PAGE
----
The five of us know each other well enough to argue politics and we often do. Between Germany, Japan, England, and USA, there is plenty to discuss; however at the moment none of us are particularly enamored with the actions of our own governments. Angelika’s homemade cakes and sweets diverted our attention, and our arguments stayed pretty calm.
The banquet was held in the Kreative Haus in Worpswede, a former home of a famous Worpswede artist. From the shape of the doors to the interior décor, one could observe the signature of the artist; there was not a straight line in the entire house. It looked like a cross between Gaudi and Disneyland.
The hosts assisted seating us at a table where English would be the common language, i.e. USE, which turned out to be a very pleasant experience for a change. At some point during the dinner someone made the observation that the seven people sitting at the table were from seven different countries, Germany, USA, England, Poland, Turkey, Hungary, and Japan. By now my USE was good enough that I could almost understand the conversations above the noise.
Wolfgang, who had worked with Werner for many years, before assuming a position at the University of Stuttgart, had created a special slide show of Werner’s career. That one kept my attention, not only because my own picture showed up in it off an on, but also because Wolfgang is legendary in his creation of slide shows. Being from Bremen, home of the Grimms Brothers fairy tales, he always incorporates a fairy tale into his talks.
I have learned to study the menu before such dinners in order to survive. This was the classic German six course meal, beginning with wine, breads, olives, and spreads, followed by a big bowl of delicious soup and then a large salad. Next comes fish. At this point, if you have eaten everything, you are wondering if you have any room left for dessert. That is when they bring out a slab of meat and vegetables, the main course. Our meat was an amazing lamb dish. To my great surprise, two of the guests asked for a second helping of lamb. I don’t understand why there are not more fat Germans.
Between the meal and dessert more presentations were made with Werner receiving mementos from his friends and colleagues.
We left the party soon after dessert, arriving back at the hotel at 2 AM.
We were tempted to stay in bed most of Sunday, and I secretly hoped for bad weather to provide a good excuse. However, we woke at 8 AM with the sun rising in a clear blue sky, so we bluffed each other into packing and headed into Bremen for the day.
I had run a pretty loose plan for Bremen by a few Bremeners who rated it feasible and added recommendations, which I incorporated into the plan. We would leave our bags at the train station, walk around Bremen all day, return to the station by 7PM and take a tram to the airport for a 10 PM flight. With one small exception it came off with out a hitch. Travel has become so much easier in much of Europe. The station provides a room full of lockers of all sizes, and a change machine to get the necessary coins. Now that the Euro is widespread money handling has become much more practical. The machines will take any size note or coin. One minor inconvenience is the sliding dollar. Shortly after the euro first went into circulation its value declined to about 75 cents. Today a Euro is worth $1.40. Nevertheless, you do save a lot since Euros are good in many countries and you don’t have to keep trading one currency for another. It cost us 4 euros to store all of our bags for the day.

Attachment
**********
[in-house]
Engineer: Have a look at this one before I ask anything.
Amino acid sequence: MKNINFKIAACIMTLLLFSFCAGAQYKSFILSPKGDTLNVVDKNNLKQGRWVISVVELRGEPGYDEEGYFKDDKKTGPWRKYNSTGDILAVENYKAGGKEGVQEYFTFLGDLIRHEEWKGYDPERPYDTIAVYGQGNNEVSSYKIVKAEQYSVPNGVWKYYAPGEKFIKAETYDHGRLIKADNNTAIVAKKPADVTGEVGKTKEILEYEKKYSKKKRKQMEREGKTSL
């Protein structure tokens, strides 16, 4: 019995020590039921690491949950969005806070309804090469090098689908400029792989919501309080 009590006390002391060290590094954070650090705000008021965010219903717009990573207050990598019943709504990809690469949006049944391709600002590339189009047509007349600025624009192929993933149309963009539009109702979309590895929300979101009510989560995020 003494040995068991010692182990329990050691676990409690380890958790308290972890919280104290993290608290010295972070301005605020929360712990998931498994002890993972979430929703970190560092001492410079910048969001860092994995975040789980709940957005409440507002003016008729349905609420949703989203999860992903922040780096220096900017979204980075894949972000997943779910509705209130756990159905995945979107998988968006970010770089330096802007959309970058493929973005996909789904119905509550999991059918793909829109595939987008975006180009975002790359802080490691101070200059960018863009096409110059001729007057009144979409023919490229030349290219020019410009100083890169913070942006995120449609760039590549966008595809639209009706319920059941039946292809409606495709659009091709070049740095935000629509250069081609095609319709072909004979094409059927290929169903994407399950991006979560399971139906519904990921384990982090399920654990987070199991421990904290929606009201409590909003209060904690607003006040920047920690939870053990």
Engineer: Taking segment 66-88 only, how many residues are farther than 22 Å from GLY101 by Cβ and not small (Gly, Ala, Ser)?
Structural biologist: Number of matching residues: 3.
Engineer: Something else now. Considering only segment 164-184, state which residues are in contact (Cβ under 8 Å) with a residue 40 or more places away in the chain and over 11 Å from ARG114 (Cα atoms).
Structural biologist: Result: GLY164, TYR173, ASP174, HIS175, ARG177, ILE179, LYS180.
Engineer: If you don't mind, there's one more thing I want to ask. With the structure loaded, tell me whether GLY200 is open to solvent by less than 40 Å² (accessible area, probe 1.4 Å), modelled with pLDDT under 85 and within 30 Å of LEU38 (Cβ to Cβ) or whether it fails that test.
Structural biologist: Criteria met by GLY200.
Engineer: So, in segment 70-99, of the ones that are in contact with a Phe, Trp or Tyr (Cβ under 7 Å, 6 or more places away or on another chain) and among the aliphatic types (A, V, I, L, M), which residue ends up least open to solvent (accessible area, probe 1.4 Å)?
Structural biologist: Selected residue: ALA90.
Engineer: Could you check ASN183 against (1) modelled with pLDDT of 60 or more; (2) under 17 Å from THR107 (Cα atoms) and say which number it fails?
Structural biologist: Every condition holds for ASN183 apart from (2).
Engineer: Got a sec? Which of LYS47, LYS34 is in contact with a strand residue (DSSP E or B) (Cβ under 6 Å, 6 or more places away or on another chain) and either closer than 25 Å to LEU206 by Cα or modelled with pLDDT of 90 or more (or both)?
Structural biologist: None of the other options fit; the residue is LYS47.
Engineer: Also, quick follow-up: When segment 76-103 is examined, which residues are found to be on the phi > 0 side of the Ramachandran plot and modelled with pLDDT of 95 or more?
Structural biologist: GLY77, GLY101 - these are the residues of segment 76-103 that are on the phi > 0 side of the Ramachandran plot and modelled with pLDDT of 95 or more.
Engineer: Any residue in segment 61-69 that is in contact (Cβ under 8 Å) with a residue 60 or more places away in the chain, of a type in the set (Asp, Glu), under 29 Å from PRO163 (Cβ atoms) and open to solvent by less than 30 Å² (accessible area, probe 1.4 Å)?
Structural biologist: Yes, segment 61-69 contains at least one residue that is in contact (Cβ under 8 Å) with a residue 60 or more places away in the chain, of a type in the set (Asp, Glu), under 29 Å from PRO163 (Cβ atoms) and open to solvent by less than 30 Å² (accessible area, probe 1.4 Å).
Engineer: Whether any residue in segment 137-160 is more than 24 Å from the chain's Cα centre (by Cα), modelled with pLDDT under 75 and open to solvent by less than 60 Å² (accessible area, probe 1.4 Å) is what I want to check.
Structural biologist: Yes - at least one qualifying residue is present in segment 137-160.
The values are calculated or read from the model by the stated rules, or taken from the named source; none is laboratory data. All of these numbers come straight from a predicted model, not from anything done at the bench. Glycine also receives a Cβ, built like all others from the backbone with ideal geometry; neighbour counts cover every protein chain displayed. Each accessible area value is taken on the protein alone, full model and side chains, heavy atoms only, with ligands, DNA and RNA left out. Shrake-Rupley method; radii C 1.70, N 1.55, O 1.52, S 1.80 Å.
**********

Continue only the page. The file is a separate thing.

Bremen has a great tram system, so one is never forced to walk, and almost any tram leaving the station towards downtown goes near the Altestadt (old town), where we were headed. Nevertheless, the city is small enough that walking is the best way to see it. A short 15 minute scenic walk takes you from the station to the Altestadt, passing by the wall windmill and the wall moat. The city wall was removed years ago and replaced by a park, which seems like a good idea now. From this point on I began seeing one scene after another where I wished I could sit for a while and paint.
Not far past the windmill is the Altestadt, which contains some magnificent old buildings and the cathedral. Bremen is one of the fortunate cities that was not leveled by bombing in World War II and the old town is intact and original.
Our timing was perfect. The entire city was decorated for Christmas and a large Christmas market occupied the town marketplace. We arrived just as the market was opening and, with so few people, we practically had the shops to ourselves for about an hour. We took turns taking credit for getting here early. Even so, it was nice to see the market both with and without the crowds of people, and it was also nice to see the city both in daylight and darkness.
Bremen and the surrounding area are famous for fairytales, especially those of the Grimm brothers. The Grimms Brothers trail passes through many of the sites where famous fairy tales are based. Bremen’s favorite fairy tale is, of course, “The Four Musicians of Bremen”, a tale about a donkey, dog, cat, and rooster who demonstrate what teamwork can accomplish, when each is spurned by his owner after reaching old age. You can read the story at:
It is impossible to walk around Bremen without seeing these four characters, usually standing on top of each other in every conceivable form and in all styles. An absolute must for a visitor to Bremen is to read the story before going. I could not leave Bremen without a glass sculpture, a bookmark, and a booklet depicting these four characters. One of the favorite public sculptures, a brass sculpture, is at the rear corner of the town hall. Variations of this statue are seen everywhere in the downtown in windows, fountains, flags, and paintings. The Grimms Brother’s created many such characters who will live forever, but few with this great of representation in a city.